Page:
OpenSSL Performance

OpenSSL is widely used to secure communications between servers. This is an important protocol in many server stacks. We first look at our sign tests:

Intel Xeon E 2100 Options OpenSSL Sign Benchmark
Intel Xeon E 2100 Options OpenSSL Sign Benchmark

Here are the verify results:

Intel Xeon E 2100 Options OpenSSL Verify Benchmark
Intel Xeon E 2100 Options OpenSSL Verify Benchmark

OpenSSL is a major component of today’s server application stack. Here, one can again see an enormous performance difference between the quad-core Intel Xeon E-2174G and the six-core Intel Xeon E-2136. The price differential actually favors the six-core part.

UnixBench Dhrystone 2 and Whetstone Benchmarks

Some of the longest-running tests at STH are the venerable UnixBench 5.1.3 Dhrystone 2 and Whetstone results. They are certainly aging, however, we constantly get requests for them, and many angry notes when we leave them out. UnixBench is widely used so we are including it in this data set. Here are the Dhrystone 2 results:

Intel Xeon E 2100 Options UnixBench Dhrystone 2 Benchmark
Intel Xeon E 2100 Options UnixBench Dhrystone 2 Benchmark

Here are the whetstone results:

Intel Xeon E 2100 Options UnixBench Whetstone Benchmark
Intel Xeon E 2100 Options UnixBench Whetstone Benchmark

Generally, we are seeing a 2-2.5x top to bottom performance difference from the Core i3 to the Intel Xeon E-2186G which is a fairly large delta in the PowerEdge R240.

Chess Benchmarking

Chess is an interesting use case since it has almost unlimited complexity. Over the years, we have received a number of requests to bring back chess benchmarking. We have been profiling systems and are ready to start sharing results:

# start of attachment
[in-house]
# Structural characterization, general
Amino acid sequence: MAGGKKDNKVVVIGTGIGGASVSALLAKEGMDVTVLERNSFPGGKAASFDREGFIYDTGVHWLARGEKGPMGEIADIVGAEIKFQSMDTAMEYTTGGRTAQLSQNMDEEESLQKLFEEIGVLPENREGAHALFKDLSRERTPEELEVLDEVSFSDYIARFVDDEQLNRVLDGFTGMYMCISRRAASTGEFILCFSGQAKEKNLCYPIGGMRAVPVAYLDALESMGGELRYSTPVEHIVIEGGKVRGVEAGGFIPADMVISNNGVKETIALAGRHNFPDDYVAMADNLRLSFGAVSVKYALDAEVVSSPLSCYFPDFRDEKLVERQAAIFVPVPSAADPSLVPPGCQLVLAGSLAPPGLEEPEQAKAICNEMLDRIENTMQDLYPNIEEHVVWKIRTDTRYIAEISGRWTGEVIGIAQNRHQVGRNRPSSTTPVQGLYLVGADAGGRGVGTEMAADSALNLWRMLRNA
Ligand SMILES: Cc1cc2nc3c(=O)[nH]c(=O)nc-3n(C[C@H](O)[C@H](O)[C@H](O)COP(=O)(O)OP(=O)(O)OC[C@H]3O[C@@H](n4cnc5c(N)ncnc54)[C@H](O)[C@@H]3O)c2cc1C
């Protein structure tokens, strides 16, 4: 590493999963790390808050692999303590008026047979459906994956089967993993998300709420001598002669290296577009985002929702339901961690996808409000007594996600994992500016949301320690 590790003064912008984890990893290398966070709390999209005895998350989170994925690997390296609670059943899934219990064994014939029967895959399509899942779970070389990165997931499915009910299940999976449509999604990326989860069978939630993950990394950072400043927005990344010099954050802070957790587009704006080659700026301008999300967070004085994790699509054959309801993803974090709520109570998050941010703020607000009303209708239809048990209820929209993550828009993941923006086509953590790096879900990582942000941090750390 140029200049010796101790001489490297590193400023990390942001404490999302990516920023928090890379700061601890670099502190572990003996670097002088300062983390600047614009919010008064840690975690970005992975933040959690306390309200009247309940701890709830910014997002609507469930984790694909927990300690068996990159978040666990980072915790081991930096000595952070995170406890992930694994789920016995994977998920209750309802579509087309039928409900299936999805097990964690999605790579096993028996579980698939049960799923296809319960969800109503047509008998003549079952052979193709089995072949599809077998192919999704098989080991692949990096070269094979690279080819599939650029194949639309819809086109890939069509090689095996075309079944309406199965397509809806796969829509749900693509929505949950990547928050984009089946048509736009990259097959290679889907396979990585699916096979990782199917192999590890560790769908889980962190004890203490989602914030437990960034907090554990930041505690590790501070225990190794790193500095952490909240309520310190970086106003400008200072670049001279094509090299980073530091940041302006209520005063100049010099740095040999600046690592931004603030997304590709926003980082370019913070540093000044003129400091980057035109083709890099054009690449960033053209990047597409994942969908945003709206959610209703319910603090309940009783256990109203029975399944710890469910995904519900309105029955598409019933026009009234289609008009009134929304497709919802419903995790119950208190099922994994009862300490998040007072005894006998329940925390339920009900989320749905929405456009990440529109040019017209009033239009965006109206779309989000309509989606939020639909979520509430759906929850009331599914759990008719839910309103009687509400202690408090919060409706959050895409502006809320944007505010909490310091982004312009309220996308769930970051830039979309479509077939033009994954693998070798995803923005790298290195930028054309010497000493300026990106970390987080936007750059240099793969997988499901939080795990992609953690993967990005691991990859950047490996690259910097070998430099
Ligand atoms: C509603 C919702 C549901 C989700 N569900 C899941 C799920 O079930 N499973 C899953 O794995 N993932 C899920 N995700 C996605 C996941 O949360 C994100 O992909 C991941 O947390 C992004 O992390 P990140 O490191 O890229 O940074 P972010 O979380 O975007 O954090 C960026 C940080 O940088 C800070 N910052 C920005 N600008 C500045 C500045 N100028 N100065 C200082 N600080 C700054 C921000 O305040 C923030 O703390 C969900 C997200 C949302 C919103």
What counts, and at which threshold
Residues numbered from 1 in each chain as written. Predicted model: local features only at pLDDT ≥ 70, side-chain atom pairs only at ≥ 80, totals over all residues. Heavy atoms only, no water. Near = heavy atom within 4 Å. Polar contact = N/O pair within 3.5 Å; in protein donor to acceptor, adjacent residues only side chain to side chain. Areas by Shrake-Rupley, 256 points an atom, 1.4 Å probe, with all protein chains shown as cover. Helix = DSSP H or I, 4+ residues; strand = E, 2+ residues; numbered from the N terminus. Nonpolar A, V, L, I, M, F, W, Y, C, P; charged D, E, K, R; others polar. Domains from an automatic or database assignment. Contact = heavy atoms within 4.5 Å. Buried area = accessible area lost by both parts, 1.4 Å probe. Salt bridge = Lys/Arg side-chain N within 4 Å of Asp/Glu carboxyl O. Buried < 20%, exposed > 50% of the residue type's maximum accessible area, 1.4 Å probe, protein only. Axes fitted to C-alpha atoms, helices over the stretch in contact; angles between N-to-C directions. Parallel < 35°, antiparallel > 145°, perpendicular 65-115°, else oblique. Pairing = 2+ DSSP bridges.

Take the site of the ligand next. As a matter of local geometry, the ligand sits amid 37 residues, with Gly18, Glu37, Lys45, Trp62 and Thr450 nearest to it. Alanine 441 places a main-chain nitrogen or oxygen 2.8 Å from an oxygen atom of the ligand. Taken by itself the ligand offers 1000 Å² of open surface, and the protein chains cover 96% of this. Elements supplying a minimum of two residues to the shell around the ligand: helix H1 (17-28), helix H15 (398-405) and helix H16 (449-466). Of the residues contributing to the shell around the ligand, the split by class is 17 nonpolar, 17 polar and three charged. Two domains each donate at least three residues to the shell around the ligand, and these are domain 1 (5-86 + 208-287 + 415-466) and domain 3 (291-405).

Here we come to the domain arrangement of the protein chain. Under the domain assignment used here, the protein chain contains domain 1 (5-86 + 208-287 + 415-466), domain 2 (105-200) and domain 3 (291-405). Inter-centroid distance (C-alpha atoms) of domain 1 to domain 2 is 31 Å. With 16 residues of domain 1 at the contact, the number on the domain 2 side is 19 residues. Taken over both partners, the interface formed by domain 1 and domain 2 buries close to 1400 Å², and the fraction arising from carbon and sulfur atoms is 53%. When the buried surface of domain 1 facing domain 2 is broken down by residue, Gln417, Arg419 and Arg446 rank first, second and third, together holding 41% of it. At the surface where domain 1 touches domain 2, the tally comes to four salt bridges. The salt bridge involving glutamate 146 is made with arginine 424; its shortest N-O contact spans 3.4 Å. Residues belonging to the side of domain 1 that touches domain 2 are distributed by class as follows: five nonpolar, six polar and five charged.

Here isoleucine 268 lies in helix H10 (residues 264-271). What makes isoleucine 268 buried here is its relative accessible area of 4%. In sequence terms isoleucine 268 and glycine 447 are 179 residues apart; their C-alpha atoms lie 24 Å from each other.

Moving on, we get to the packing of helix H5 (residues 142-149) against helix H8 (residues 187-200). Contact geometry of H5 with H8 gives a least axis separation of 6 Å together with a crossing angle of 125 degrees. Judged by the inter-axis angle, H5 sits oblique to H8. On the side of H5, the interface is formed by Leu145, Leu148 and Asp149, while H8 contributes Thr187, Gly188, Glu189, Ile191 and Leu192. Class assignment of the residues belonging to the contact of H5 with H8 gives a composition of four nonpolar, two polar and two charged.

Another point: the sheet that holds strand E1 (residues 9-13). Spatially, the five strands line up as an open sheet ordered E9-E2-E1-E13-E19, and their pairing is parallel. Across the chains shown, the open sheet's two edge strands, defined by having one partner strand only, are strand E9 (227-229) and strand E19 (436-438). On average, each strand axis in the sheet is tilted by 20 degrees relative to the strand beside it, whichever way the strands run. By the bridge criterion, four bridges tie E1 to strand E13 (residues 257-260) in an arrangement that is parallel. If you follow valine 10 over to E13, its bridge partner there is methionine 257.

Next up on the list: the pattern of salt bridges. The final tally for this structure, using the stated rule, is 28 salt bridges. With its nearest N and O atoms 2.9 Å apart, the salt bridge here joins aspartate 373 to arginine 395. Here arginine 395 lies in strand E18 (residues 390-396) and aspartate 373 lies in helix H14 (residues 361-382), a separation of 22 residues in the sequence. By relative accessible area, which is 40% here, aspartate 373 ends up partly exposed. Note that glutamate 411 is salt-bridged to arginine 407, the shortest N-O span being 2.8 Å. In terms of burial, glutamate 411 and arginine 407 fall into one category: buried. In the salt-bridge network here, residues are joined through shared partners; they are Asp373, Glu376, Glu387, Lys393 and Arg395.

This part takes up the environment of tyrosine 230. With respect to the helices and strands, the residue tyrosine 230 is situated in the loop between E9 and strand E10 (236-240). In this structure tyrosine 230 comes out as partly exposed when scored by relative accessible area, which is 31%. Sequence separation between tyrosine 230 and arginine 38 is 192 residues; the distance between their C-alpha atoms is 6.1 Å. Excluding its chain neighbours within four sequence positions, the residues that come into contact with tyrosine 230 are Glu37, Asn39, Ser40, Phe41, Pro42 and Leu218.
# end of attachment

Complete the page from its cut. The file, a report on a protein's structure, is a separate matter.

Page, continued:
Intel Xeon E 2100 Options Chess Benchmark
Intel Xeon E 2100 Options Chess Benchmark

Our Chess benchmarking shows a PowerEdge R240 differential of close to 2.5x. There are lower cost Pentium options available, but the cost of the Core i3 is generally worthwhile.

Next, we are going to look at power consumption before we get to the STH Server Spider and our final words.

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REVIEW OVERVIEW
Design & Aesthetics
9.5
Performance
9.3
Feature Set
9.5
Value
9.3
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Patrick has been running STH since 2009 and covers a wide variety of SME, SMB, and SOHO IT topics. Patrick is a consultant in the technology industry and has worked with numerous large hardware and storage vendors in the Silicon Valley. The goal of STH is simply to help users find some information about server, storage and networking, building blocks. If you have any helpful information please feel free to post on the forums.

5 COMMENTS

  1. We’ve used racks of these for generations. You’re right on the iDRAC iKVM. Great for enterprise, but in this segment we’re thinking of switching because our customers want iKVM and our cost to license the feature is too high.

  2. Are you sure that this generation supports quick sync? I unfortunately learned the hard way that the previous generation (R230) did not – only the tower version supported QS.

    Dell was more than willing to sell you a CPU with the igpu even though the BIOS couldn’t use it.

  3. Patrick, I appreciate the reply, but that was not my question. Yes, the CPUs support Quick Sync, but the motherboard’s firmware may or may not.

    I was burned on this on the R230 series, so I’m just putting it out there in case Dell has continued the situation.